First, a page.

CONS: more difficult to clean, not meant for large amounts of paint medium.
DISPOSABLE ARTIST PALETTES:
Cleanup is quick and easy with Disposable Palette Pads — just tear off a sheet, use it for your painting session, then throw it away.
Great for use with acrylics, casein, and oils, the palette paper pads are available in a variety of sizes, each containing multiple sheets.
Parchment palettes may also be used.
PROS: portable, quick easy cleanup,
CONS: expensive & wasteful long term option. Also wasteful of paint if you don’t use all paint on sheet.
Stay-Wet ARTIST PALETTE:
Stay-Wet Artist Palette‘s are excellent for artists whose medium dries quickly (i.e. acrylics) Sta-Wet Premier Palette saves you paint, money, and time by preserving the freshness of acrylics and other waterbased paints, both while you are painting and between painting sessions. Paints will stay moist on the open palette for hours. Once the lid is closed, the paints will stay in workable condition for days, even weeks.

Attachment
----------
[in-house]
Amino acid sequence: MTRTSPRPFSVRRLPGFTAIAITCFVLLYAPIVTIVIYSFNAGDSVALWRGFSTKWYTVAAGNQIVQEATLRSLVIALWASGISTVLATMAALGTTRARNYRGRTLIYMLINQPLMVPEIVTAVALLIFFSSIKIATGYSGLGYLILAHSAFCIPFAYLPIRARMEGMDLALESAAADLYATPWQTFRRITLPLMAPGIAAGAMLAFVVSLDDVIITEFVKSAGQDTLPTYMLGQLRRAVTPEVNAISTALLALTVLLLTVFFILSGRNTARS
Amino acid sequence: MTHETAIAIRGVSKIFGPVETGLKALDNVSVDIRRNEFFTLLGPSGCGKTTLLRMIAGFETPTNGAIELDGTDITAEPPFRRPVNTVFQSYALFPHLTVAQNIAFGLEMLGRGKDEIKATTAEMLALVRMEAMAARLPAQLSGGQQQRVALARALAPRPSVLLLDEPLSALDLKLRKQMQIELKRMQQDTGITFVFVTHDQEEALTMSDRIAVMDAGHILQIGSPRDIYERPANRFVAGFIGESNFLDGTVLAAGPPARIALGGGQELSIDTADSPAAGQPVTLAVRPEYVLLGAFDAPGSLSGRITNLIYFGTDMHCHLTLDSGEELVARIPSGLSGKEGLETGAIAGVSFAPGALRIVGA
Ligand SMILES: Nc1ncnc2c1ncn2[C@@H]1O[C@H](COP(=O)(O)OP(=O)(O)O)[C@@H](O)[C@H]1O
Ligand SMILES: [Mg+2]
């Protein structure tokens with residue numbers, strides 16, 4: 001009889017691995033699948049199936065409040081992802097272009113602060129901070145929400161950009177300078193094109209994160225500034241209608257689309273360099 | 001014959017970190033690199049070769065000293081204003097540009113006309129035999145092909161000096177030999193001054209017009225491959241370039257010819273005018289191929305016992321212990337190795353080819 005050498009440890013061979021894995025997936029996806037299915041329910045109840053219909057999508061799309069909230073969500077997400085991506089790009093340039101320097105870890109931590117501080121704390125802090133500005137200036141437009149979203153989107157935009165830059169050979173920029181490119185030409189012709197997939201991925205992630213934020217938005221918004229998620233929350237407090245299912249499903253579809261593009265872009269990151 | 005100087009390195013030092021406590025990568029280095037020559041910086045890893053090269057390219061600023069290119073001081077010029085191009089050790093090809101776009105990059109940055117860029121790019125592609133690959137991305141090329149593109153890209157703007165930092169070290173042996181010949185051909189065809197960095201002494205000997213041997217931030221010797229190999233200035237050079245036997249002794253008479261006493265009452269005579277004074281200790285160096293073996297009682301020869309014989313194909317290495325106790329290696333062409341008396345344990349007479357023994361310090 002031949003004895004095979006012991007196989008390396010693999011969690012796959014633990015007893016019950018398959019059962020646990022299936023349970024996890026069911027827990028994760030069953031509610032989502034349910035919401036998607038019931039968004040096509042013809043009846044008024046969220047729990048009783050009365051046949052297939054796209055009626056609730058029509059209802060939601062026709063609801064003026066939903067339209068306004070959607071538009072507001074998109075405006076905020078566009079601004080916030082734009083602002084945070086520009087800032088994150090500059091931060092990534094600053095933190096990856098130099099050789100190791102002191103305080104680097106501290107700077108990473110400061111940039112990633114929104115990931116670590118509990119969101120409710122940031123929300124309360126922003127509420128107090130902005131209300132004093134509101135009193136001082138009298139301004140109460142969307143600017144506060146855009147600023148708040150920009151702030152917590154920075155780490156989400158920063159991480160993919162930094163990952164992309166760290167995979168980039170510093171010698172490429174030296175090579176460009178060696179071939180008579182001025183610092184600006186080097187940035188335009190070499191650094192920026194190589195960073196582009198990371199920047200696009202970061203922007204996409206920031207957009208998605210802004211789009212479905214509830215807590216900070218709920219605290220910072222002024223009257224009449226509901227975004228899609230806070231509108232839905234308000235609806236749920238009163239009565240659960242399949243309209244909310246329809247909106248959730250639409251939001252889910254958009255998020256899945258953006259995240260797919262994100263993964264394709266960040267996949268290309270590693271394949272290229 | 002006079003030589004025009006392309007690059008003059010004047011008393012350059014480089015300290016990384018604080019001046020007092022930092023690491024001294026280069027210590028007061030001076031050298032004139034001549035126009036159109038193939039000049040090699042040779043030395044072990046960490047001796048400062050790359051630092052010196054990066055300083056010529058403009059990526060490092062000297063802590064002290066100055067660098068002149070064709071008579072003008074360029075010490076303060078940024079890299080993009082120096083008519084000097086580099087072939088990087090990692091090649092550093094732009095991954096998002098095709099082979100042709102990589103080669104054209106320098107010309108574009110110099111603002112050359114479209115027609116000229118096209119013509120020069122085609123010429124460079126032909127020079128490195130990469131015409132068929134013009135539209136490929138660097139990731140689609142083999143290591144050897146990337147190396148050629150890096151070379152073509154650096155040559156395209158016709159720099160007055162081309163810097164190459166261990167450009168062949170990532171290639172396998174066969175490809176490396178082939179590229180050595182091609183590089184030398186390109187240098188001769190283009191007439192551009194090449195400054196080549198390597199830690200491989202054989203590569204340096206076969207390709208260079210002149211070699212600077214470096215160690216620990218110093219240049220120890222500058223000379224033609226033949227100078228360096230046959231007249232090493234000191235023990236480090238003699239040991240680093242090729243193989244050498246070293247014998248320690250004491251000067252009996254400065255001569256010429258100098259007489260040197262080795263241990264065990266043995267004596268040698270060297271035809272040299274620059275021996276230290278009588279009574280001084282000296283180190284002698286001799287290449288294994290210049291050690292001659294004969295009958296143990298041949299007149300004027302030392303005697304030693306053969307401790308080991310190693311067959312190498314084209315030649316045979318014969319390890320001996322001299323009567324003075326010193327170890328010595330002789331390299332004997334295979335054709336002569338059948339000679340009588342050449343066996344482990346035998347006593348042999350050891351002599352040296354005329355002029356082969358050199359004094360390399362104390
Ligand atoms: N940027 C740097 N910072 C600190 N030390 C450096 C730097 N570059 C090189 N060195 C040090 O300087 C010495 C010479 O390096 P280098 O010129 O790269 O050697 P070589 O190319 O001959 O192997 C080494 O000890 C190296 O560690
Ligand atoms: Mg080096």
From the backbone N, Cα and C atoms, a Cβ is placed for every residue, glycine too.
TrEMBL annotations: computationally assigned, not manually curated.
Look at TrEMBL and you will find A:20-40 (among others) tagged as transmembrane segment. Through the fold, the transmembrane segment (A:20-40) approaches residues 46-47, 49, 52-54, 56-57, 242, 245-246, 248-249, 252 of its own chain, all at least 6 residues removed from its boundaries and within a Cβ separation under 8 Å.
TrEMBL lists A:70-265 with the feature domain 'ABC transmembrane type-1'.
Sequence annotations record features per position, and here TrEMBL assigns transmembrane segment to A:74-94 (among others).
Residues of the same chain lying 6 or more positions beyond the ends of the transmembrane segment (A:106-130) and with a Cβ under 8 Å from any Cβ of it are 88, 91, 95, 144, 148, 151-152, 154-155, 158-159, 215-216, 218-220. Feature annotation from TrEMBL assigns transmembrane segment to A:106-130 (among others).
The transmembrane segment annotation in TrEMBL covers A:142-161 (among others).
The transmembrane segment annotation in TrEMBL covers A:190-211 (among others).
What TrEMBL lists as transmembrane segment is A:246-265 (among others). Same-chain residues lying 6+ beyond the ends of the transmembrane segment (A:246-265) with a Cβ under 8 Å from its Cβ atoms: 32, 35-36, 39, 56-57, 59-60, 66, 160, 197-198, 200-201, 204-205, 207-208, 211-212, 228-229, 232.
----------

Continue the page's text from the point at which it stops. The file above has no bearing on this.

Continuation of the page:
The Premier Palette features a patented sponge insert and special permeable palette paper. Together they provide acrylic paints with a constant source of moisture. Simply moisten the sponge and lay it inside the tray, then place the palette paper on top. When the lid is open, your paints will have an extended open time. When the lid is snapped shut, the Premier Palette will maintain a moist atmosphere that preserves acrylic paints amazingly well.
PROS: keeps paints fresh and wet, especially valuable for artists who work with mediums that harden quickly like acrylics.
CONS: once the paints dry & harden it is very difficult to clean.
The wooden palette is traditional, but rarely used but was the favorite of the great masters.
The weight of the palette is essential, since you should be able to hold it for hours on end. The oval thumbhole should be sanded so it doesn’t scratch the skin.
Wooden palettes can be made from: birch, plywood, mahogany
PROS: lightweight, traditional
CONS: once paint dries, it becomes VERY difficult to remove
GLAZED PORCELAIN & ENAMEL PALETTES: